- Collecting the money you owe through your earnings or pension
- Using a debt collection agency to obtain the money
- Selling your assets to cover the debt
- Taking money from your bank or building society accounts
- Taking you to court
- Declaring you bankrupt or shutting down your business
Failing to pay your corporation tax bill is a serious matter with long-reaching and potentially devastating consequences for you and your business.
HMRC, therefore, suggests that you contact them as soon as possible if you think you will be late in paying your corporation tax. If your company is in tax debt, HMRC will want to discuss its finances with you.
Your first option is to make a proposal to HMRC verbally about how you will pay your tax bill.
HMRC may be willing to set up a payment plan to help you pay. Before doing this, they’ll ask to see cash-flow projections and your management accounts to get a clear idea of what you can pay immediately and how you can pay the remaining balance.
What they’ll be looking for is your willingness to reduce your tax debt as much as possible before you make a formal arrangement to pay in instalments. This may include selling company assets or releasing shares.
HMRC can ask company directors to put personal funds into the business, take out loans, or extend their credit.
If HMRC lets you pay your corporation tax in instalments, this is known as a Time to Pay (TTP) arrangement. This is an agreement between you as a taxpayer and HMRC. It allows you to pay your corporation tax in instalments rather than as a lump sum.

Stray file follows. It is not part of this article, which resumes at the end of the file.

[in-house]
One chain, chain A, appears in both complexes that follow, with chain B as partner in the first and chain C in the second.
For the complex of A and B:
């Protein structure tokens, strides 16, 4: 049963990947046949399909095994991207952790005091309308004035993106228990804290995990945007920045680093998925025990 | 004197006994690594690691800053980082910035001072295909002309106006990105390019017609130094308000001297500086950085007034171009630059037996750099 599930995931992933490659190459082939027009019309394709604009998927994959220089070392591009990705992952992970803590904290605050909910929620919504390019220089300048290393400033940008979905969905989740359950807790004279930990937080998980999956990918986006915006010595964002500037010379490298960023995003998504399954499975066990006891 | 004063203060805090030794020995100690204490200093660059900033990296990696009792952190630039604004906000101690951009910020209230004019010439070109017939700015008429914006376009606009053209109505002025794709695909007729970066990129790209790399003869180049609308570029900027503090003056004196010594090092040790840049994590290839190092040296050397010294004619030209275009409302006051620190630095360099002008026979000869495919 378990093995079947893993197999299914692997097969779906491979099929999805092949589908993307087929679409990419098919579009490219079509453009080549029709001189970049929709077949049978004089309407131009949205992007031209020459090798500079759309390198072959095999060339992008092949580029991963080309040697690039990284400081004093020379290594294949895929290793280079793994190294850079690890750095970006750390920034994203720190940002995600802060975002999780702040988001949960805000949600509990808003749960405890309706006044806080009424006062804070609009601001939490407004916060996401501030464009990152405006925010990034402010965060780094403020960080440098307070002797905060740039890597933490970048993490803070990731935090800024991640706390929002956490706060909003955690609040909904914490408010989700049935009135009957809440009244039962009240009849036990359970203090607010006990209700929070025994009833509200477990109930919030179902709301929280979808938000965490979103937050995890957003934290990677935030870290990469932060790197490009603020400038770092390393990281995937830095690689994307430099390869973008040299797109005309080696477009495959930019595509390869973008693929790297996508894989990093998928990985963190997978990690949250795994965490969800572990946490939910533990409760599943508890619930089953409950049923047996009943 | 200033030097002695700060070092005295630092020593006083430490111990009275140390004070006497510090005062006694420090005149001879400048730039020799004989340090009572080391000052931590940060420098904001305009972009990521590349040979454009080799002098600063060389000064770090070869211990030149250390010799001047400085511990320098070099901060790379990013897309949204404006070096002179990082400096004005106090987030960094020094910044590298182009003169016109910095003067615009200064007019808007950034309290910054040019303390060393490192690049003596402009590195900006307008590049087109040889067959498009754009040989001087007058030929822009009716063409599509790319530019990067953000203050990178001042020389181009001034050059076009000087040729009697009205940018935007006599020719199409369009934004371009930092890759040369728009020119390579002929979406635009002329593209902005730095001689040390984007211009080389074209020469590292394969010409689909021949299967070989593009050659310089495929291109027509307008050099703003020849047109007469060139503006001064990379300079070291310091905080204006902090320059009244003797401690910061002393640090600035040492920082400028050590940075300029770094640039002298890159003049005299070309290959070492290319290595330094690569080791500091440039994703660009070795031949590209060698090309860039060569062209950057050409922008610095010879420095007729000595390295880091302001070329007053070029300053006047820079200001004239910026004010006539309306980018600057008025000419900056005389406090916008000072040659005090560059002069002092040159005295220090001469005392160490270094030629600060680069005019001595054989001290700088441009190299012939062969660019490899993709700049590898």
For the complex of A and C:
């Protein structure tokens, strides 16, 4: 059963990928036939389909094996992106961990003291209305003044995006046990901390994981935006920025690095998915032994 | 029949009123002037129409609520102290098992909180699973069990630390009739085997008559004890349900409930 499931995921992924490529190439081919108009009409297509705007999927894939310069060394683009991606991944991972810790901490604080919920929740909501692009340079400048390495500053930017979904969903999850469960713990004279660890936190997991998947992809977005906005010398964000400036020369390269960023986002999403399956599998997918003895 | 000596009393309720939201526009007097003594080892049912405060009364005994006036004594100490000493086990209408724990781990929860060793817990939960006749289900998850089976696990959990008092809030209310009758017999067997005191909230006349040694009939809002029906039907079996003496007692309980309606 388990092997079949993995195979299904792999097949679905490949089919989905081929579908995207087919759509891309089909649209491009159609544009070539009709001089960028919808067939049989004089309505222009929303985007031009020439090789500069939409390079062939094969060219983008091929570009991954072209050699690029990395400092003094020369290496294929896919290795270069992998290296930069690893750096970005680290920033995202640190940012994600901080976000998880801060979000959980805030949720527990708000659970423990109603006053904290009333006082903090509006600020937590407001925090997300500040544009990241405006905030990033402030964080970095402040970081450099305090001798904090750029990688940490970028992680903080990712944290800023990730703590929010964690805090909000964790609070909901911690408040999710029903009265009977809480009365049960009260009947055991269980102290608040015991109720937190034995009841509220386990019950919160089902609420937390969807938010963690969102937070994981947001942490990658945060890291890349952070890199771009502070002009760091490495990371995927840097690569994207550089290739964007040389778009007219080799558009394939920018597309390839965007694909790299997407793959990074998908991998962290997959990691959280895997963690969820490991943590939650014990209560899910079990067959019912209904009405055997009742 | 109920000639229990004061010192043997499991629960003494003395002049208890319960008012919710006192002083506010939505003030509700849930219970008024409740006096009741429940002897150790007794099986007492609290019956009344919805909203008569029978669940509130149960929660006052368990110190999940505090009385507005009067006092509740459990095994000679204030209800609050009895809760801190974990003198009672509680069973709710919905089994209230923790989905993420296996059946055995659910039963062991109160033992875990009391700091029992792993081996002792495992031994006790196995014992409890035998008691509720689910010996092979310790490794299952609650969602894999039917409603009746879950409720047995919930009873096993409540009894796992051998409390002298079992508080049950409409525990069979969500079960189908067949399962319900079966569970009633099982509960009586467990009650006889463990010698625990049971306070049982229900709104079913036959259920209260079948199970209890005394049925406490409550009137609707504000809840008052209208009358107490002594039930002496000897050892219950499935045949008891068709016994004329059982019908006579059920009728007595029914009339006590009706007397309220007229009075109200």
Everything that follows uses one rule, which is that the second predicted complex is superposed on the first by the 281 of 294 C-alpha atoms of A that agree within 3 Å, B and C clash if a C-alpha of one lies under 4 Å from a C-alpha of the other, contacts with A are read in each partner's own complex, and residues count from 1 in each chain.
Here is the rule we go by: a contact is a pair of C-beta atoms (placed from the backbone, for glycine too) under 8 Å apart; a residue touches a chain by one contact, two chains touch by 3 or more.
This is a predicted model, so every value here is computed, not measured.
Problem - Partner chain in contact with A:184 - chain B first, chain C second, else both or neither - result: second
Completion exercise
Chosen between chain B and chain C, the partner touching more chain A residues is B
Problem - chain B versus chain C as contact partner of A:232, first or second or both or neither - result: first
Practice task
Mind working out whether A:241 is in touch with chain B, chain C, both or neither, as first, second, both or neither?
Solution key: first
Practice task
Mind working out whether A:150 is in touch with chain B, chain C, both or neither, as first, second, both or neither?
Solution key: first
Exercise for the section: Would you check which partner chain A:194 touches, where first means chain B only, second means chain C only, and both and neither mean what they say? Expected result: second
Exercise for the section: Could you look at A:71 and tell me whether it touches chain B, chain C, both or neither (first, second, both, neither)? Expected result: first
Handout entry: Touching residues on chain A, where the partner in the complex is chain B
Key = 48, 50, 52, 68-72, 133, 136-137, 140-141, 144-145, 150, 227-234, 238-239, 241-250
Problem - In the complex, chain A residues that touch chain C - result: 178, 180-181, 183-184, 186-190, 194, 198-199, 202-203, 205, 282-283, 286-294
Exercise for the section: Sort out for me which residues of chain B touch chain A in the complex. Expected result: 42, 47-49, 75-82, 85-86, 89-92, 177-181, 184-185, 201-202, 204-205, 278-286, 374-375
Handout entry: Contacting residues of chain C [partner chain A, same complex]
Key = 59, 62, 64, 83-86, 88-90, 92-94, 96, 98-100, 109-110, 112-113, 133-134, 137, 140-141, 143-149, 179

Generally, a TTP will only apply where you have short-term issues with your cash flow. If your late payment of corporation tax is due to deeper, ongoing problems with your business then this will not be an ideal solution.
The criteria for getting a TTP arrangement are rigid. HMRC will be reluctant to grant it if you’ve had this arrangement before. HMRC will look at how your company has communicated with it previously, and will want to see that you are organised with tax returns.
Basically, it will need reassurance that, if a TTP arrangement is agreed, you’ll be able to make regular payments on time.
If you fail to pay your instalments on time under this arrangement, HMRC will consider other measures to collect the outstanding tax payments.
There is an HMRC helpline for Time to Pay relating to corporation tax. Phone 0300 200 3835.
Support With Your Corporation Tax
Our corporation tax services can help make the entire process of managing corporation tax returns and payments more streamlined for you.
The key to managing your payments and avoiding late penalties is knowing your figures.
We’ll also bring a professional, forensic focus to your allowances, to make sure you’re not missing out on any reductions in your corporation tax bill.
Having to pay corporation tax can feel like a burden, but we’ll lighten the load for you.
We’re chartered accountants specialising in cloud accountancy for SMEs. Please get in touch to find out how we can support your enterprise.